It is U.S. credibility and power—not our moral example—that prevents proliferation.
Since it came into effect in 1970, the Nuclear Non-Proliferation Treaty has assumed almost sacred status in the liberal firmament. But can it survive Joe Biden’s presidency?
Liberals and the arms-control establishment have always loved the NPT for its vision of a world free of nuclear weapons, with the nuclear-armed lions lying down with the nonnuclear lambs. Conservatives have embraced the eminently sensible idea of trying to limit the number of nations with access to the world’s most dangerous weapons.
Unfortunately, reality is undermining whatever attraction the NPT once held. Going into 2023, the overriding incentive for those that don’t have a nuke—particularly the most undemocratic countries—is to get one. The incentive for those who have the bomb is never to give it up under any circumstances.
If Ukraine hadn’t given up its nukes after the collapse of the Soviet Union, would Vladimir Putin have dared invade? Likewise there’s Libya’s Moammar Gadhafi, who gave up his nuclear ambitions and ended up overthrown, brutalized and killed in a drainage ditch—while Kim Jong Un, who continues with his nuclear program, has kept the North Korean dictatorship his grandfather founded intact. Cold-eyed dictators aren’t likely to find much evidence that going the nonproliferation route is the better option.
This may be even more true for America’s friends. How long before leaders in Taipei, listening to an increasingly bellicose Xi Jinping issuing reminders that China reserves the right to take Taiwan by force, conclude that their only hope for protecting their free society is to restart their secret nuclear program? And could anyone blame them if they did?
Right now eight states are known to have nukes—the U.S., Russia, the U.K., France, China, India, Pakistan and North Korea. Israel is assumed to have one but has not acknowledged so officially. India, Pakistan and Israel never signed on to the NPT, while North Korea signed in 1985, cheated, then withdrew in 1993.
There are rewards for going nuclear. North Korea is a nation of about 26 million, slightly smaller than the population of Texas. Yet its nuclear capabilities give it an outsize importance in world affairs. High-profile summits with then-President Donald Trump in Singapore, Hanoi and the demilitarized zone along the border between the two Koreas provide ample evidence of the special attention a nuclear arsenal commands.
Or look at Iran. The Biden administration is desperately trying to get Tehran to revive the Obama-era nuclear deal that Mr. Trump took the U.S. out of. This summer the Iranians announced they had come closer than ever to enriching uranium at a grade suitable for weapons. How long before we wake up one morning to a nuclear-armed Iran, which would destabilize the Middle East and send every Arab nation looking for its own bomb?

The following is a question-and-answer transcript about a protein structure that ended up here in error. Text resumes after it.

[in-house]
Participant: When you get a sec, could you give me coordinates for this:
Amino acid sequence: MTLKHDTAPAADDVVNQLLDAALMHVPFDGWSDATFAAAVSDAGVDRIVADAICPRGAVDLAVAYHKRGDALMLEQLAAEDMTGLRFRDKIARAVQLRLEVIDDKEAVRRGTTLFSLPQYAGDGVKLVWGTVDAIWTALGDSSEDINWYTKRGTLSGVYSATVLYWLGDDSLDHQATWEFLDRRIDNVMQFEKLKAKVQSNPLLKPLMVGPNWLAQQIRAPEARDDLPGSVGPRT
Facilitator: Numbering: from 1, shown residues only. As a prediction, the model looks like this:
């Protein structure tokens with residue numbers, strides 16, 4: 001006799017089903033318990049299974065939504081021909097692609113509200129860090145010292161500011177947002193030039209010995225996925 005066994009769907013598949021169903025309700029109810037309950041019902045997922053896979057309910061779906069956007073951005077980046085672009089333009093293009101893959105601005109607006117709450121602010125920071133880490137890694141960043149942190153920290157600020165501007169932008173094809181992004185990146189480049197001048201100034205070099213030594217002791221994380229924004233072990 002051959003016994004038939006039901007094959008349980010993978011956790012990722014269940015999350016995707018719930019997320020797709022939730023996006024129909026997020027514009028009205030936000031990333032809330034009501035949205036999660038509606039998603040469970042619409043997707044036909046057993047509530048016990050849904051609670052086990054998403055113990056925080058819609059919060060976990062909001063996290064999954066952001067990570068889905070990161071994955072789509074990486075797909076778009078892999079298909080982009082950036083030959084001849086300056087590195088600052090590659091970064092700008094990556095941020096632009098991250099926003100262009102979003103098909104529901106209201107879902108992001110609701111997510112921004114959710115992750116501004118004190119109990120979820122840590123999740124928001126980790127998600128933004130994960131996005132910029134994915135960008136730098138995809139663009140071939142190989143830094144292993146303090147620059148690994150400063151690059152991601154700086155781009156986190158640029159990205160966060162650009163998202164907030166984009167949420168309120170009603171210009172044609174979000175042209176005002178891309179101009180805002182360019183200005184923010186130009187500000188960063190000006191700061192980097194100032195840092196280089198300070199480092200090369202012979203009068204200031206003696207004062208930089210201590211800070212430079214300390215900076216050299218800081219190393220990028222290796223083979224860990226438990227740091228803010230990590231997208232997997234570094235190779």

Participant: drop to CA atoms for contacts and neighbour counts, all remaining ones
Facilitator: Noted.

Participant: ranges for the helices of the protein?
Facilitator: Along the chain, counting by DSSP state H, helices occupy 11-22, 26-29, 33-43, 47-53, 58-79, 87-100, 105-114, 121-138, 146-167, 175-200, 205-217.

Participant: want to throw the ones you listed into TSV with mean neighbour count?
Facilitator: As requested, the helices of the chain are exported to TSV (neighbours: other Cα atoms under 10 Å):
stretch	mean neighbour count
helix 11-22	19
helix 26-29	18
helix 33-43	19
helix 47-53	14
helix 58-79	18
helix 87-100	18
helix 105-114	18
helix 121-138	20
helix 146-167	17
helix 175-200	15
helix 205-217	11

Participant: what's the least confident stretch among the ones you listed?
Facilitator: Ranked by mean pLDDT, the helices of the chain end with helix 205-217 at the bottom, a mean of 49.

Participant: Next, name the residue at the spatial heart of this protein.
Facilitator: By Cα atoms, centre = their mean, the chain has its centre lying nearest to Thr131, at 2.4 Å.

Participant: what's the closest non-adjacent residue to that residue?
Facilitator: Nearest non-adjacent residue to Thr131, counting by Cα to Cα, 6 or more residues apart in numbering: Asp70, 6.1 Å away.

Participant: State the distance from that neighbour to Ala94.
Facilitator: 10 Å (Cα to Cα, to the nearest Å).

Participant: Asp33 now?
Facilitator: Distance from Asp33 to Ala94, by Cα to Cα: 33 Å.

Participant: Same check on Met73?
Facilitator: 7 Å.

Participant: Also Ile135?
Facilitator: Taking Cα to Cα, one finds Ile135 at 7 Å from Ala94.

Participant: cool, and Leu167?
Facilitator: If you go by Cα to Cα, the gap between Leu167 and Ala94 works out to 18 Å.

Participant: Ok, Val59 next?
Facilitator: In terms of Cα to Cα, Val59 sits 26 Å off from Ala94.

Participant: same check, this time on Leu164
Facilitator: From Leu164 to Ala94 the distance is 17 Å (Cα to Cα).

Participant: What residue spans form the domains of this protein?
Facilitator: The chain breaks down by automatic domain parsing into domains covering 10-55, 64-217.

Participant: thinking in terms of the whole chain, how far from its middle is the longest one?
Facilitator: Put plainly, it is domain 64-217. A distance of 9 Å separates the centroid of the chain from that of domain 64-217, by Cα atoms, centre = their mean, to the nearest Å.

The NPT may appear to be a pact that favors the nuclear haves or rogue regimes that refuse to abide by its rule—while leaving rule-following have-nots at the mercy of the world’s worst actors.
Most proliferation concerns focus on the rogue regimes because of the obvious threat they pose. But there’s an equal if not greater proliferation problem from generally law-abiding countries that will want the security of a nuke if one of their hostile neighbors has one.
This is exactly the dynamic now with Taiwan. Were Taiwan to develop a nuke to ensure it doesn’t end up like Ukraine, it would have huge ripple effects throughout Asia. Japan would probably develop one soon after, and we could quickly see a nuclear arms race in the Pacific. If Mr. Xi got wind of a Taiwanese bomb, it could easily lead him to give the order to invade.
Mr. Biden’s answer to all these developments was a statement in August re-emphasizing America’s commitment to the NPT and vowing that the “U.S. is determined to lead by the power of our example.” This is classic liberal virtue signaling of the sort the NPT often inspires.
But neither friend nor foe will forgo nuclear weapons because of America’s moral example. To the degree that the NPT has worked, it is only because of America’s power, including its nuclear arsenal, which gives credibility both to its threats to enemies and its security guarantees to allies. As a Journal editorial once put it, “A credible U.S. nuclear deterrent is the world’s greatest antiproliferation weapon.”
But what does the world see today? A humiliating American retreat from Afghanistan, an assertive China determined to overtake U.S. military superiority in the Pacific, and a general sense that the Americans are bugging out. The hard reality is that if Joe Biden really wants the NPT to have a future, he needs to lead a massive buildup of U.S. military capabilities.
Appeared in the December 13, 2022, print edition as ‘Joe Biden’s Nuclear Misfire’.